News Image

Navigating Global Trends In AI Regulation

Action Steps For Companies

The accelerating capabilities of generative artificial intelligence (GenAI), including large language models (LLM), as well as systems using real-time geolocation data, facial recognition and advanced cognitive processing, have pushed AI regulation to the top of policymakers’ inboxes.

It isn’t simple. In Europe, for example, while some member countries wanted to liberalise the use of facial recognition by their police forces, the European Union (EU) Parliament wanted to impose tight restrictions as part of the AI Act, resulting in marathon negotiations before a compromise agreement could be found. In another debate on AI legislation, the Indian Ministry of Electronics and IT published a strong statement in April 2023, opting against AI regulation and stating that India “is implementing necessary policies and infrastructure measures to cultivate a robust AI sector, but does not intend to introduce legislation to regulate its growth”. Yet, in May 2023, the IT Minister announced India is planning to regulate AI platforms like ChatGPT and is “considering a regulatory framework for AI, which includes areas related to bias of algorithms and copyrights”. Similarly, while the United States (US) is not likely to pass new federal legislation on AI any time soon, the Executive Order issued by the Biden administration in October 2023 emphasised concerns for safety, security and civil rights as key considerations in the federal procurement of AI, and regulators like the Federal Trade Commission (FTC) have responded to public concerns about the impact of GenAI, by opening expansive investigations into some AI platforms.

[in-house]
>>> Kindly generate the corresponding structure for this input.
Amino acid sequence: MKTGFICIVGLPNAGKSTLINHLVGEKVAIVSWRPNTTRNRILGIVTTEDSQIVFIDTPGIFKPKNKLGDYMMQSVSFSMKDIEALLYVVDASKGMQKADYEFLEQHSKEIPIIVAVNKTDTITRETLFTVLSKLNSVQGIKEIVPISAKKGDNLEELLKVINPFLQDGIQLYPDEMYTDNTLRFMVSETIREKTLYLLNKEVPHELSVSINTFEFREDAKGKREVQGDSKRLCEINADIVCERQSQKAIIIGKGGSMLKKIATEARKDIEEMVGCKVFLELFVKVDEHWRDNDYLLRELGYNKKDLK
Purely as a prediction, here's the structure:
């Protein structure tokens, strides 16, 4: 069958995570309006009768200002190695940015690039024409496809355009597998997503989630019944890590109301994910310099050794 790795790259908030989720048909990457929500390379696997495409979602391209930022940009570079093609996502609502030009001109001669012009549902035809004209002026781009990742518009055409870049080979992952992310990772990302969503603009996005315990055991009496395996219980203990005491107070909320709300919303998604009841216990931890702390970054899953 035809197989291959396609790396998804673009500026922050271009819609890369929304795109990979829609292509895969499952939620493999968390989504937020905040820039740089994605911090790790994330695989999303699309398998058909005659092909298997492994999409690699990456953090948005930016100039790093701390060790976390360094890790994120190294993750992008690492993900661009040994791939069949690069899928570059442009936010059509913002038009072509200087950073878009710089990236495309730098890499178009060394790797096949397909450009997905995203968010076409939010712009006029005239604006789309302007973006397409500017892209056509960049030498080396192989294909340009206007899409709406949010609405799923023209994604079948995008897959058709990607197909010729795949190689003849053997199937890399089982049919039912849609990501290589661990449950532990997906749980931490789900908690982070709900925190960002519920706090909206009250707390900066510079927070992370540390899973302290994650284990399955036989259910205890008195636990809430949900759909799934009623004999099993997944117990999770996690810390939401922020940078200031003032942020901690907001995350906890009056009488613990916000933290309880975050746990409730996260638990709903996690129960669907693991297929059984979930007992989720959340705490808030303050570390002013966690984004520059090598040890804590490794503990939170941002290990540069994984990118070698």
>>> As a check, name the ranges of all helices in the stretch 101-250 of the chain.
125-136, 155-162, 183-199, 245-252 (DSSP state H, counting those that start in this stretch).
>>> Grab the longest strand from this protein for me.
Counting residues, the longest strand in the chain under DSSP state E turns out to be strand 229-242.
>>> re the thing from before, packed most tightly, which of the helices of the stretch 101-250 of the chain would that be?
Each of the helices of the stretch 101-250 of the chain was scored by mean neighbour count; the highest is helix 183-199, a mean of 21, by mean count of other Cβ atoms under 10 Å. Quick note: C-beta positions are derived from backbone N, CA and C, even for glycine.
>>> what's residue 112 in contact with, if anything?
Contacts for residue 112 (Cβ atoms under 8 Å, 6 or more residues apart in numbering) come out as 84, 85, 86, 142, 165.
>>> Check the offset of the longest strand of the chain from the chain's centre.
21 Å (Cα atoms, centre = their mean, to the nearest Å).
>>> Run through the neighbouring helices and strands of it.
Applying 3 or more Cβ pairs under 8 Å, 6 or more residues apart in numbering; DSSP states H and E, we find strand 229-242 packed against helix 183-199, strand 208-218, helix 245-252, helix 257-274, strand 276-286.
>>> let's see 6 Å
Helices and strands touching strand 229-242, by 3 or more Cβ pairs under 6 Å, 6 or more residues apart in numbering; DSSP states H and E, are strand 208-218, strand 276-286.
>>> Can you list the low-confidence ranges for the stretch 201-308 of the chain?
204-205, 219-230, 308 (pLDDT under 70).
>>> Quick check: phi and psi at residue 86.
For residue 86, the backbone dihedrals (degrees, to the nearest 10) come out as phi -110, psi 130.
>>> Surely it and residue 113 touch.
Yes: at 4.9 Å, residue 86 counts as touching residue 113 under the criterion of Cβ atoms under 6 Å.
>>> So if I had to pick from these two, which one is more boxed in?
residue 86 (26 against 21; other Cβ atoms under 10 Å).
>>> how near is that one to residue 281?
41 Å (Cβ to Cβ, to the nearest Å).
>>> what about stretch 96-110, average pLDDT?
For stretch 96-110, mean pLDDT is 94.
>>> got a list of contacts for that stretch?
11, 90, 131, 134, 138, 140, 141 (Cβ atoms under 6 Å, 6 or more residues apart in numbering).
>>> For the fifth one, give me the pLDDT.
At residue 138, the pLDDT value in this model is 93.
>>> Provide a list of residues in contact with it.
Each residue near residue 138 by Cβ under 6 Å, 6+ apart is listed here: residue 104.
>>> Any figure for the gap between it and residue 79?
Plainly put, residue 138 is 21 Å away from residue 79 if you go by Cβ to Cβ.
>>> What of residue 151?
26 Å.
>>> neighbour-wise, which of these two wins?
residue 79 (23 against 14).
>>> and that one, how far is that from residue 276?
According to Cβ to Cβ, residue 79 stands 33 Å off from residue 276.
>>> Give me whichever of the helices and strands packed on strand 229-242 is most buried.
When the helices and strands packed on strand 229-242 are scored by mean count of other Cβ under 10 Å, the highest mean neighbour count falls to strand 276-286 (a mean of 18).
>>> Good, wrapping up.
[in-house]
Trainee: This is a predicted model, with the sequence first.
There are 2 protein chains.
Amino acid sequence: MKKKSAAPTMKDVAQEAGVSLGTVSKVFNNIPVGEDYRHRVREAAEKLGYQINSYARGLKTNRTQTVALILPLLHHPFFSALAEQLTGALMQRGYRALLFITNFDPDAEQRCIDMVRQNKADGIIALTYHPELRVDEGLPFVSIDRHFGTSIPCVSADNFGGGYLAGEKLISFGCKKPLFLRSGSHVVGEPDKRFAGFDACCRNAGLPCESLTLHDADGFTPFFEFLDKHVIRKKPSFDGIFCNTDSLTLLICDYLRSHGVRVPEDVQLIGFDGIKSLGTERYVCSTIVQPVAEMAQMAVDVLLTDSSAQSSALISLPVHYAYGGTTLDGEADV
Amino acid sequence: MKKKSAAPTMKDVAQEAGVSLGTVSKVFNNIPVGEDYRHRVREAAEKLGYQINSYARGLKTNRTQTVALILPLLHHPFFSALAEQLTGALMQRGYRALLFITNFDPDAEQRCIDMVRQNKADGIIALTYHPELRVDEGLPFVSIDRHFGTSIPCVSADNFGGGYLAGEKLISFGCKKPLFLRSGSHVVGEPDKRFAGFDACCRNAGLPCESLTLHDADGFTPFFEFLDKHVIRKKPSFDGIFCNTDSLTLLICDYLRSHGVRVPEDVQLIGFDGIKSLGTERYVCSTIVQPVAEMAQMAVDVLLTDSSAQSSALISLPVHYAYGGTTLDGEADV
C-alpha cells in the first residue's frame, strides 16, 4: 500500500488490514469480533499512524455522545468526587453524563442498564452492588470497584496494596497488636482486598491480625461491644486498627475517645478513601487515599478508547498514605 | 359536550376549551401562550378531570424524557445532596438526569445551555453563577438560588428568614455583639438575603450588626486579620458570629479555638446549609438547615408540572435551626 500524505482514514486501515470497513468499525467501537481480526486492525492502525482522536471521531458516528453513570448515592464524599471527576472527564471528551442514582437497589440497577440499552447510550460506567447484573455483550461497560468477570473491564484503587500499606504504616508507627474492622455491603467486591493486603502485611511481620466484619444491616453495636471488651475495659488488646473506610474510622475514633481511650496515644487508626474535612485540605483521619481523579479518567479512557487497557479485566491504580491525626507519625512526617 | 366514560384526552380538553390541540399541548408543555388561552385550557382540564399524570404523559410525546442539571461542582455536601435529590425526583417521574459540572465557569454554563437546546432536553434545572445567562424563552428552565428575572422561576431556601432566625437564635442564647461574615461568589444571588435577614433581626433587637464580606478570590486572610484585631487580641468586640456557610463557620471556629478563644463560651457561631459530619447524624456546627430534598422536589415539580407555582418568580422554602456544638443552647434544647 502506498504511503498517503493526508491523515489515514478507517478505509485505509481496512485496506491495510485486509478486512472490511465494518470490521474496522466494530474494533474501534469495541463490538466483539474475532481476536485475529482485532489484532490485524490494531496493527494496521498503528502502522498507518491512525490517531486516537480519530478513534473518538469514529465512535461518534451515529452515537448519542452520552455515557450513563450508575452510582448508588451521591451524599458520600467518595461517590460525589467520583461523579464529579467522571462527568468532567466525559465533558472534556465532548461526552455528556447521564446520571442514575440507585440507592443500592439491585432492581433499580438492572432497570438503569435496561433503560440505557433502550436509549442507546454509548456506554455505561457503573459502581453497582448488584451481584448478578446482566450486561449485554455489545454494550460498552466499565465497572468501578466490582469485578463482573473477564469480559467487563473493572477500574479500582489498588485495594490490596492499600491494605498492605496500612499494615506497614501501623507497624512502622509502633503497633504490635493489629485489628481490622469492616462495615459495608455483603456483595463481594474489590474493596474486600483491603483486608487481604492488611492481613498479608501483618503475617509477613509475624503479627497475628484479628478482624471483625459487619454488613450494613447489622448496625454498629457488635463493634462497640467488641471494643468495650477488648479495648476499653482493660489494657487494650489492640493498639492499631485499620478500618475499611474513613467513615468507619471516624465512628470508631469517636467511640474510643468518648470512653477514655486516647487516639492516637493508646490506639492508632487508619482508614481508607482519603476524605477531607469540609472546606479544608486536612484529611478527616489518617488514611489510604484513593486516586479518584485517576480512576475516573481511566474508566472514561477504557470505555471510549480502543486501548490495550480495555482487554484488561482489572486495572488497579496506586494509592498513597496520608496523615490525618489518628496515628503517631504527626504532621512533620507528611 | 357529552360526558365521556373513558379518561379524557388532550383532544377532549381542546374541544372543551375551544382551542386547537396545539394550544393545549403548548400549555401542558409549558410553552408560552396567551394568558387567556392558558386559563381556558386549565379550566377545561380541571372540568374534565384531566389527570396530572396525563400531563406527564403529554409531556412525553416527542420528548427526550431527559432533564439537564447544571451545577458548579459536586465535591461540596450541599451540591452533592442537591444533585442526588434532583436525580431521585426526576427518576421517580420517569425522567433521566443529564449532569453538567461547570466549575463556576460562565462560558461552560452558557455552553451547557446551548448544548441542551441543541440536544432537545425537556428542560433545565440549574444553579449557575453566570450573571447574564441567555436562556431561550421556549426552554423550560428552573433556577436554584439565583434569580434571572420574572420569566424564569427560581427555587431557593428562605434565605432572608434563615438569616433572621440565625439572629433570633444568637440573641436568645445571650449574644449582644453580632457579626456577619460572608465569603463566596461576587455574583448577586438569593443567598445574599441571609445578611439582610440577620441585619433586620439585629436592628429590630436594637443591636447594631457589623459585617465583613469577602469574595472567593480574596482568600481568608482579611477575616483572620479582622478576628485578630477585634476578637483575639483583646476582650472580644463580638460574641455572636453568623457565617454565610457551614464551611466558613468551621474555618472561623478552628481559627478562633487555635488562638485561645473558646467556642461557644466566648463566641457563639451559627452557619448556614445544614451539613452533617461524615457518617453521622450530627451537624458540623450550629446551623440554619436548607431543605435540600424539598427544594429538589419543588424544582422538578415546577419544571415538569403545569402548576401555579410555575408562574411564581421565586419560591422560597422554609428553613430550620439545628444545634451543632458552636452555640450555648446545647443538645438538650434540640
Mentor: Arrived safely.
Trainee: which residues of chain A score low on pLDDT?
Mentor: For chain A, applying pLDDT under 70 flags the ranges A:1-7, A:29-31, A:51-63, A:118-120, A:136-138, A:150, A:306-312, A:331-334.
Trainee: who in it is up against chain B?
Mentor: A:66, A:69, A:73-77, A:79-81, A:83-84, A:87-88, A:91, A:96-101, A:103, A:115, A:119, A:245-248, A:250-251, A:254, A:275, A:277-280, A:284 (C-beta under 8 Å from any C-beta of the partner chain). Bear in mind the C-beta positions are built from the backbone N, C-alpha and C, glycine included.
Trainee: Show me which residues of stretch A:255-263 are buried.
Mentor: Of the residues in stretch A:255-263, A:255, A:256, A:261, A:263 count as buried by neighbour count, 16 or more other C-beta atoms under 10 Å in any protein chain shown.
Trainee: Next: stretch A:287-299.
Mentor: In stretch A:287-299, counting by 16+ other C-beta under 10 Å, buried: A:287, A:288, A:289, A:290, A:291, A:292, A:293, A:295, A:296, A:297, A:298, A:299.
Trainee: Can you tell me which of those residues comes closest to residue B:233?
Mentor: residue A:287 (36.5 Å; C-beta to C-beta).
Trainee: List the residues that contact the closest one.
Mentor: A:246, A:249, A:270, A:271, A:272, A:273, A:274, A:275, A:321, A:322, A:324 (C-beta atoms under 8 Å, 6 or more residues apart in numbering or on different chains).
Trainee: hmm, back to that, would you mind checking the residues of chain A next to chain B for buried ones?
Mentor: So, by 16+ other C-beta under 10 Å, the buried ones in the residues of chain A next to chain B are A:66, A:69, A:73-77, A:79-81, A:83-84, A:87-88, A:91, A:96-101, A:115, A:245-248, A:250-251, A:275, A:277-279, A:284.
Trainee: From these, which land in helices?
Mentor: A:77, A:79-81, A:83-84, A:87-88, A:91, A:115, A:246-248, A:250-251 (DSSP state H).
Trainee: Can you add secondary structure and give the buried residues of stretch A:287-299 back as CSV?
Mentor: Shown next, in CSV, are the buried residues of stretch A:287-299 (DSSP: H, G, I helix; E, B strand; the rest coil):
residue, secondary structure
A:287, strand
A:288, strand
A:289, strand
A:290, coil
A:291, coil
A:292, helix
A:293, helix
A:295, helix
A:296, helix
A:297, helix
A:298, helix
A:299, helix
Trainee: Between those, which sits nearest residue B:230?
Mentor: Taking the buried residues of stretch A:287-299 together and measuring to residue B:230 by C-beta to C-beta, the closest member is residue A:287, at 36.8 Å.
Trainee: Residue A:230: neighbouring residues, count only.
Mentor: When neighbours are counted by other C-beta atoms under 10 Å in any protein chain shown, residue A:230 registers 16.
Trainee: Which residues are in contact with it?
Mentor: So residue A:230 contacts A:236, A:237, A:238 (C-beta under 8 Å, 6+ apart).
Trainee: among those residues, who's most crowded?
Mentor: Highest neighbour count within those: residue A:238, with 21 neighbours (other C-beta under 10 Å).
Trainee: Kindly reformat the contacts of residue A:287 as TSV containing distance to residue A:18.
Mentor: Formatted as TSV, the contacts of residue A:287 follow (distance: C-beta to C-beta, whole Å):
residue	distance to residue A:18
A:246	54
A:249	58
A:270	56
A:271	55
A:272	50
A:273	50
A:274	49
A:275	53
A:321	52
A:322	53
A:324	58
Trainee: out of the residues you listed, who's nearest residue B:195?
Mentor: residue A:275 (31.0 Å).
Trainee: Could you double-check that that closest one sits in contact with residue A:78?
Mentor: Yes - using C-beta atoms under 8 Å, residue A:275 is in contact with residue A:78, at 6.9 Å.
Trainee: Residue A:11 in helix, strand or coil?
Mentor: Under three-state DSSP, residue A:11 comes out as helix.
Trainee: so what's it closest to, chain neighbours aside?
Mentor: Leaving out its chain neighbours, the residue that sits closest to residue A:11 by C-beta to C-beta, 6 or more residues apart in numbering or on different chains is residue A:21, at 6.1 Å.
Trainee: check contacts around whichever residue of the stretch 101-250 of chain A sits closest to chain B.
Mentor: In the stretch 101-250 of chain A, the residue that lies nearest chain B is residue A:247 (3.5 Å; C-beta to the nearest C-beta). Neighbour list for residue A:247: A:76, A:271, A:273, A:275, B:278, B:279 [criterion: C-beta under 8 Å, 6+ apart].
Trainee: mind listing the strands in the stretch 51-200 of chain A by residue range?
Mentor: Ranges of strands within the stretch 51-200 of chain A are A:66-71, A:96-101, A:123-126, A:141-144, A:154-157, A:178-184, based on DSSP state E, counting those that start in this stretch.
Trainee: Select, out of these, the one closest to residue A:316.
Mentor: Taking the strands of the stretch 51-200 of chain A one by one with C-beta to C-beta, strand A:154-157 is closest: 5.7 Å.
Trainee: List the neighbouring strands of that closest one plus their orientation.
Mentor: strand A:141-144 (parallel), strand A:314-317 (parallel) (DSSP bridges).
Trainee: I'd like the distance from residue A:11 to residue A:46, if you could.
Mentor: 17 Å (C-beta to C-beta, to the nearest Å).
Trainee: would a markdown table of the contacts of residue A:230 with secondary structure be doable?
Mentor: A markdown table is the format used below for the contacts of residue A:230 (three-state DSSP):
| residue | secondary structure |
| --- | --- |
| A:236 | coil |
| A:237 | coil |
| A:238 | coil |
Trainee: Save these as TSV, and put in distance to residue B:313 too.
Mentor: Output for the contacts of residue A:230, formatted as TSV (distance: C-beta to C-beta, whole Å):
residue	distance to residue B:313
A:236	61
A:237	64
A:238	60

AI is transforming a diverse range of industries from finance and manufacturing to agriculture and healthcare, by enhancing their operations and reshaping the nature of work. AI is enabling smarter fleet management and logistics, optimising energy forecasting, creating more efficient use of hospital beds by analysing patient data and predictive modelling, improving quality control in advanced manufacturing, and creating personalised consumer experiences. It is also being adopted by governments that see its ability to deliver better service to citizens at lower cost to taxpayers. With global private sectors investing in AI, the investment levels are now 18 times higher than in 2013. AI is potentially a powerful driver of economic growth and a key enabler of public services.

However, the risks and unintended consequences of GenAI are also real. A text-generation engine that can convincingly imitate a range of registers is open to misuse; voice-imitation software can mimic an individual’s speech patterns well enough to convince a bank, workplace or friend. Chatbots can cheat at tests. AI platforms can reinforce and perpetuate historical human biases (for example, based on gender, race or sexual orientation), undermine personal rights, compromise data security, produce misinformation and disinformation, destabilise the financial system and cause other forms of disruption globally. The stakes are high.